I’ve had more than my fair share of disastrous holidays. There was the time I ended up in hospital after crashing my bike into the only car I’d seen all day on a back-road in Ireland. Then there was the day I lost my passport in Moscow airport and had to spend most of my ‘holiday’ being quizzed in a back-room. But for the sheer number of things going wrong, an Easter break in the South of France took the biscuit.
It started well. My son and I took the Eurostar to Paris, hopping on the bus from Hackney to London’s St Pancras International, queueing peacefully for 10 minutes, then sitting comfortably as the train whizzed through the Kent countryside. So relaxed and comfortable were we that we didn’t quite realise we’d passed through the Tunnel and spent a lot of time trying to work out if the fields were French or not.
Paris was magnifique – we whizzed about visiting galleries and restaurants and cruised slowly up the Seine. Arthur became slightly obsessed with Notre-Dame cathedral and took to throwing himself to his knees at the slightest opportunity ‘to talk to God’, which was fine except that he tended to do it in the supermarket or waiting for the Métro as well.
Then everything took a turn for the worst. We’d booked the TGV down to Nice but found out, as we hurried to the station, that because of the recent train strike, all trains to Nice had been cancelled.
‘But please go on this one to Marseille and work your way over’, we were told.
I’d never been to Marseille, so I didn’t mind. The train, however, was packed to the hilt and we were crushed in all the way down. When we got to Marseille, we found that there were no trains to Nice that day.
Marseille turned out to be rather glorious, even in the feeble spring sunshine, and we wandered around for a while imagining it as Hackney on sea – one with better buildings and fewer status dogs though. Unfortunately, the only hotel we could find was a nasty, rent-by-the-hour type of place that smelt and had a lot of ‘activity’ at 2am, but Arthur somehow slept well and we set off for Nice in the morning, along with pretty much the whole of Marseille.
These crowds were much more lively than those on the TGV, and I found myself becoming very English about the whole thing, shouting at people to get back and queue properly. I spent most of the journey with my face squashed into someone’s big belly while Arthur crouched out of sight under someone else’s luggage. The train got as far as Toulon, where we had to spend another night in an uncharming railway hotel. After finally reaching Nice, I nearly decked someone who was trying to claim the only taxi.
Villefranche, where we actually stayed, is a charming albeit built-up part of the Riviera coastline. Although it rained constantly, we did enjoy ourselves – or at least we did for the first two days, before I developed an abscess, overdosed on painkillers to the point where I was delirious, and had to have an emergency tooth-extraction at the hospital. Then, as we walked back to our house, Arthur stood on the back of my flip flop and I fell over straight on to my face and twisted my knee. Decked out in all my new summer finery, I limped along the backstreets of Cap Ferrat with a cheek swollen like a hamster’s, dribbling gently, my face bruised and bleeding…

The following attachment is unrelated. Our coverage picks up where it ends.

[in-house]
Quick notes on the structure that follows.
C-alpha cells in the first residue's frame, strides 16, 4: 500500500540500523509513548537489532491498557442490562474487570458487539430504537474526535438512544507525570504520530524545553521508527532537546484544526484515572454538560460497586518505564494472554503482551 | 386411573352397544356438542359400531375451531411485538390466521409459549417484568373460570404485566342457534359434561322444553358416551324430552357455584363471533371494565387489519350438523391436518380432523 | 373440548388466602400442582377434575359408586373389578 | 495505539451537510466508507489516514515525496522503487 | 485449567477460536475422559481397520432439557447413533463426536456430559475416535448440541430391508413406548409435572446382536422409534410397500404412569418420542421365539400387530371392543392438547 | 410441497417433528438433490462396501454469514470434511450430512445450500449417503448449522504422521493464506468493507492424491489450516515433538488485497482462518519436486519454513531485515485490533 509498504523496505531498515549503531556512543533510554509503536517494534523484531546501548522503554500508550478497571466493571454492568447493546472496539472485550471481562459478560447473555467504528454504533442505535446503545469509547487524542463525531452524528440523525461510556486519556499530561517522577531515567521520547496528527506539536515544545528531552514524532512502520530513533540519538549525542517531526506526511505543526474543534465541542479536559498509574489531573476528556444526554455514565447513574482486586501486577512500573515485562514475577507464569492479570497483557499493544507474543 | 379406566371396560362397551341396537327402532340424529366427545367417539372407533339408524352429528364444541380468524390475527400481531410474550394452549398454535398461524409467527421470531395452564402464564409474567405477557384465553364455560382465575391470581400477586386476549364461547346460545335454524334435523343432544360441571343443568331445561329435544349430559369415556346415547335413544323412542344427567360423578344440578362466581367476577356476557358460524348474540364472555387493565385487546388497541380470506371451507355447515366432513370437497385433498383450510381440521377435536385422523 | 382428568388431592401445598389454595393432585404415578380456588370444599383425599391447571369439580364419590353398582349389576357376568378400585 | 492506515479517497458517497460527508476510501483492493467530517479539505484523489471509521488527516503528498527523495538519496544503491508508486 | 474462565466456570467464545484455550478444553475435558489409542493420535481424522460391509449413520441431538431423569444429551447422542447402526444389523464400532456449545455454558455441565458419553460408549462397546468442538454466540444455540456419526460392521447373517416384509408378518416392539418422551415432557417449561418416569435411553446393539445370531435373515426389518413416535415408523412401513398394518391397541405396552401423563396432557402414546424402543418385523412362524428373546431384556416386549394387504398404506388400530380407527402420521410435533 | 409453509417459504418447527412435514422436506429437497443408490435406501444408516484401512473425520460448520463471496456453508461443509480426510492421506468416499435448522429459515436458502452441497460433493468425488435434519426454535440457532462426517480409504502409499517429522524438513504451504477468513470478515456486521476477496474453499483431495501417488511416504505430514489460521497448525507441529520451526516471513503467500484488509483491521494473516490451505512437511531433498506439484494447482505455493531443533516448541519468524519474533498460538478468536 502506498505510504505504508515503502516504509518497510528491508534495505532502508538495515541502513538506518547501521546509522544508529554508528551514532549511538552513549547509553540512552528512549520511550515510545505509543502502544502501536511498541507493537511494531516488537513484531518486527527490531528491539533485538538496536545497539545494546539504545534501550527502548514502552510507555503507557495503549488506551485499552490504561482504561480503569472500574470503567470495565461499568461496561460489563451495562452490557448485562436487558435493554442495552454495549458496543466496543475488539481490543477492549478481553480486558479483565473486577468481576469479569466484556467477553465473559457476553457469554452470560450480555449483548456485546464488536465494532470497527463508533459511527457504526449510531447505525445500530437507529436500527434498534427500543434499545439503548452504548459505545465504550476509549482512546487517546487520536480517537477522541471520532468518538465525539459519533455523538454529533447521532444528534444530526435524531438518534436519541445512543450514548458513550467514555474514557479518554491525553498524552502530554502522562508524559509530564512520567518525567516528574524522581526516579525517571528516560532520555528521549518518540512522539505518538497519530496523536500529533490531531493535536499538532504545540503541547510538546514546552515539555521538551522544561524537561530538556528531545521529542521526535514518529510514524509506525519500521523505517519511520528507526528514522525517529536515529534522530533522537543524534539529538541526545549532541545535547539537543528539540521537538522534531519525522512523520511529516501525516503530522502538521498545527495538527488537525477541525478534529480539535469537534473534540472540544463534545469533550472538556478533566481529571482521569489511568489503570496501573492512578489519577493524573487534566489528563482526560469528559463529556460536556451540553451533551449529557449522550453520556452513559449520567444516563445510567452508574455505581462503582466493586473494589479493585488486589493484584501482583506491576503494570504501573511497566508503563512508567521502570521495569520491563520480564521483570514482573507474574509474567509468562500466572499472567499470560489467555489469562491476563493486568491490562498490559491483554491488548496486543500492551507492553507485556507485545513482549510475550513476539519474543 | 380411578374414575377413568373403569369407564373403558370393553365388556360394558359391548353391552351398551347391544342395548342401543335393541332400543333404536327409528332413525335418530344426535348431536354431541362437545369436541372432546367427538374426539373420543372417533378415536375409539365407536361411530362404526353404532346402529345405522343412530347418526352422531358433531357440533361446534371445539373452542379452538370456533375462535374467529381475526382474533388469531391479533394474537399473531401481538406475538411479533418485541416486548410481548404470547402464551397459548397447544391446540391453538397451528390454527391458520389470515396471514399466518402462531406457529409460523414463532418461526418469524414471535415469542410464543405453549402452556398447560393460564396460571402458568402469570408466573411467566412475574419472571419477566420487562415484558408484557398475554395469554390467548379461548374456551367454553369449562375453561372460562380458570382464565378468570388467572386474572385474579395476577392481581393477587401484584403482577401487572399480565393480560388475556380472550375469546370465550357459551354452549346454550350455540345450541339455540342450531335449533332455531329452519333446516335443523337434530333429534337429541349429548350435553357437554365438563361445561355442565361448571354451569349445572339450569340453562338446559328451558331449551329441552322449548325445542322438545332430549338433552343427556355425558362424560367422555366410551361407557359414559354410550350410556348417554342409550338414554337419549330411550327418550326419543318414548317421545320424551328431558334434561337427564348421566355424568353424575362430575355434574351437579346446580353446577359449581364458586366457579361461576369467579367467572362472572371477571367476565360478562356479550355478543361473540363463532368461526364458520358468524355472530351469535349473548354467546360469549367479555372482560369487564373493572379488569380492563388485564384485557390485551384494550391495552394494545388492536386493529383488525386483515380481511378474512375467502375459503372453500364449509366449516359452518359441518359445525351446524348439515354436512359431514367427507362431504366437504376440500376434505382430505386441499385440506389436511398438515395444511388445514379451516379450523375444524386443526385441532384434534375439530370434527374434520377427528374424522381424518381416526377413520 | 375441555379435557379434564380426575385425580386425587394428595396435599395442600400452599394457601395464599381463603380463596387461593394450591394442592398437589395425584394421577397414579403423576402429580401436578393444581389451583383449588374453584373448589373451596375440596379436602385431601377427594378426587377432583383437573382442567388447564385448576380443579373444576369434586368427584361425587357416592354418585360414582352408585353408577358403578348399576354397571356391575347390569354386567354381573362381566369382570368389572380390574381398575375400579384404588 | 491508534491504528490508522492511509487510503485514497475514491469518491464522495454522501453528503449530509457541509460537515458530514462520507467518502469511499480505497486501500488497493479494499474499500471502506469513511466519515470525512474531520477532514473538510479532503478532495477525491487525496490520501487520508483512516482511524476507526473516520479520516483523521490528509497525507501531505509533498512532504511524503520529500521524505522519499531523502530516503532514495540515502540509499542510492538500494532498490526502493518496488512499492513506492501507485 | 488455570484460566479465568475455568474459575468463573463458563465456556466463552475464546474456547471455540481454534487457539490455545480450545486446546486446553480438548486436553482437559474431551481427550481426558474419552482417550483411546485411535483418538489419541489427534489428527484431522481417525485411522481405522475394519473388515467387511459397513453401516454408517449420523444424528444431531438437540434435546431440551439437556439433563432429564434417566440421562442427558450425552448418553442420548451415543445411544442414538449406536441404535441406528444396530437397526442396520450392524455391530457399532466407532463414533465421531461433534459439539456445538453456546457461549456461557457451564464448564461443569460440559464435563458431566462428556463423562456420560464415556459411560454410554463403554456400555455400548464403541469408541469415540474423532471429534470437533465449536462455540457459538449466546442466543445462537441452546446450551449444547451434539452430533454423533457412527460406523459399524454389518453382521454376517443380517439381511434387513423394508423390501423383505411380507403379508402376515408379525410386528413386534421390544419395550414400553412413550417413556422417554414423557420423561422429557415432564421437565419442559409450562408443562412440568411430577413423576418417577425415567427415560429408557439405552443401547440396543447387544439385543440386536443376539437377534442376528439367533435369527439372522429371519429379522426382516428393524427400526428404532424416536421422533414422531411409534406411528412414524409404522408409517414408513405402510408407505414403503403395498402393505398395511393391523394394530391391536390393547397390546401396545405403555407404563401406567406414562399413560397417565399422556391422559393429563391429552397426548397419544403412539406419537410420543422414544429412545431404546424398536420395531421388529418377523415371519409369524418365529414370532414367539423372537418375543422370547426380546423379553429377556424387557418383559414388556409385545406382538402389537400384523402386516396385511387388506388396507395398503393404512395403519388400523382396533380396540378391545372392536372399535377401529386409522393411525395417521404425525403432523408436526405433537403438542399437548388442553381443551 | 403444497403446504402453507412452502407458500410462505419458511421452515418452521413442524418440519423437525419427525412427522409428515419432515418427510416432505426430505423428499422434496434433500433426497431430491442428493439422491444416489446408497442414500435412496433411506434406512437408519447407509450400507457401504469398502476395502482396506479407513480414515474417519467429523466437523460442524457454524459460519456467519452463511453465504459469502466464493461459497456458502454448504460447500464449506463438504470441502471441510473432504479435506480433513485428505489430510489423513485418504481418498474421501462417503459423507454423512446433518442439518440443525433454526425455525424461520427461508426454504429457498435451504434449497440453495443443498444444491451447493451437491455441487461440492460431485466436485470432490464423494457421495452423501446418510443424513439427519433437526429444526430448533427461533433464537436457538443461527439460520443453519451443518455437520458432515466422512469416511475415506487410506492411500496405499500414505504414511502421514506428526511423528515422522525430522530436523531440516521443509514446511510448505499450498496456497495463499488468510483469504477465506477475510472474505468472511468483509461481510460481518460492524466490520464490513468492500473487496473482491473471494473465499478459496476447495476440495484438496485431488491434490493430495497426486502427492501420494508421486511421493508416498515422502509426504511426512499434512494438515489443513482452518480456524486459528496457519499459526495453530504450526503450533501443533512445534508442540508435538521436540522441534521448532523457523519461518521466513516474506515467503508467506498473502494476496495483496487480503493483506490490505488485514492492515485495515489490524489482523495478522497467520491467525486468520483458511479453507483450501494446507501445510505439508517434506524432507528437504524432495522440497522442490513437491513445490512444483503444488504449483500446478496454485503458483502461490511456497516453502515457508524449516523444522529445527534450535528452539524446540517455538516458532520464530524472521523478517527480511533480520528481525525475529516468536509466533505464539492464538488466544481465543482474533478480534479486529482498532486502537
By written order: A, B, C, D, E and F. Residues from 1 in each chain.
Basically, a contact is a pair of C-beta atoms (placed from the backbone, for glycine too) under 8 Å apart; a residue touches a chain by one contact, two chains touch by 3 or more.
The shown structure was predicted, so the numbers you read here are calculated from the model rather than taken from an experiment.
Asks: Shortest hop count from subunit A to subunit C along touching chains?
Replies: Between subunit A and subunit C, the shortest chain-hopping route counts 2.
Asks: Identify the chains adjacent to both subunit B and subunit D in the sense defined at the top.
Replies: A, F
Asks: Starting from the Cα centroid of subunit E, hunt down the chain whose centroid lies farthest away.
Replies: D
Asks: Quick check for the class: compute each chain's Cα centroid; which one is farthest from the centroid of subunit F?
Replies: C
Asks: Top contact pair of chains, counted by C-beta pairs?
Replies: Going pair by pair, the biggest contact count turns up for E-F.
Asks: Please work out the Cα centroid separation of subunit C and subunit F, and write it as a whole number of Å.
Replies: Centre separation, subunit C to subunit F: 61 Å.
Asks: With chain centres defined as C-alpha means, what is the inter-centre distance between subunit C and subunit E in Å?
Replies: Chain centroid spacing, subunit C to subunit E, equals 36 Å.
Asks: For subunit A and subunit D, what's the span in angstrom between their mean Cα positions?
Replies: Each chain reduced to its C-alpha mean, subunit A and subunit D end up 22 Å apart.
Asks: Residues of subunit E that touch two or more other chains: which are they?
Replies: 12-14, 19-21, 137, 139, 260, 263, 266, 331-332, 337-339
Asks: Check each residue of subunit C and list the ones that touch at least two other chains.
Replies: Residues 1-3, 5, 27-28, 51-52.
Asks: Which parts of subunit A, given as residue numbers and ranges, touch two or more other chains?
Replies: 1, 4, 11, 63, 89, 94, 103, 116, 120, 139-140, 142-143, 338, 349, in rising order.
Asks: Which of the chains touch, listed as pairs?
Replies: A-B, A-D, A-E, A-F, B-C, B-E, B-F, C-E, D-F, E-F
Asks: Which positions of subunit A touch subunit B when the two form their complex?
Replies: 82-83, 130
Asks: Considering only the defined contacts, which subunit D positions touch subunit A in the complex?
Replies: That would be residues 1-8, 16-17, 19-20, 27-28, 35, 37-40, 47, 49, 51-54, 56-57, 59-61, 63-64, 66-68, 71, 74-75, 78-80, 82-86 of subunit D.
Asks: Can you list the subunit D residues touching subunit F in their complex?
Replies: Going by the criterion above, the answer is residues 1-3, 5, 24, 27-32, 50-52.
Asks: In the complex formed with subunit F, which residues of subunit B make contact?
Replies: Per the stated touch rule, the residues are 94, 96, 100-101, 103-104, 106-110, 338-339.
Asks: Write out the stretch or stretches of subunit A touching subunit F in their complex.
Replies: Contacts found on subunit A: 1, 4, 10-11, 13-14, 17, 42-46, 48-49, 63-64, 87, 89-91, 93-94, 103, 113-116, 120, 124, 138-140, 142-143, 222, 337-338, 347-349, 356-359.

By now I was counting the days – just two more – until we could go home. It was at this point that some volcano in Iceland began pumping dangerous ash into the air, and that Arthur came down a stomach infection that confined him to the loo for most of our extended holiday. After long searching, the only Internet café I could find in Villefranche was in an expat bar that only opened sporadically and that was usually full of stag-doers or skiving builders from Reading. As I sat there trying to work out a way to get home, my son learnt lots of great new vocabulary and watched a lot of dubious TV with his new drunken friends (falling to his knees to pray had worn off by this point).
After hours of planning fantasy routes home, most of which involved our being picked up by a Navy vessel, I realised that it was easier and cheaper to just hang on and see what our airline, EasyJet would do. Five days later than planned, we lifted off from Nice airport, having been recompensed for our flight and hotel by the airline, with the swelling on my face reduced to a point where I wasn’t scaring small children anymore.
By the time we got home, I’d lost a week’s worth of work and missed a college paper deadline, our house had been invaded by clothes moths and mould, and there were five milk bottles mouldering on my doorstep, dead plants and an ant invasion. Boy, was I glad to see it, though. In a way though, we’d enjoyed the drama. Just as a delay on a tube journey means you might actually speak to the person next door to you, so this volcanic induced emergency meant that we met all sorts of interesting people
We’d sat in Nice station one morning and chatted to some of those affected by the ash cloud. There was the family who had made it back from New Zealand, taking incredible journeys across Morocco on a night bus and then a ferry from Casablanca (it seems an odd route, but I just nodded along!). Or the couple who had travelled right across Europe from Slovenia in a succession of about 20 trains. We’d been offered a free meal in the local restaurant in compensation and met lots of builders from Reading and anxious hens. In some ways all this bonding over the ash cloud fall-out was the best part of our holiday.
- When the Ash meets the Cloud (intechnology.co.uk)
- Finally arrived in Marseille! (et1792.wordpress.com)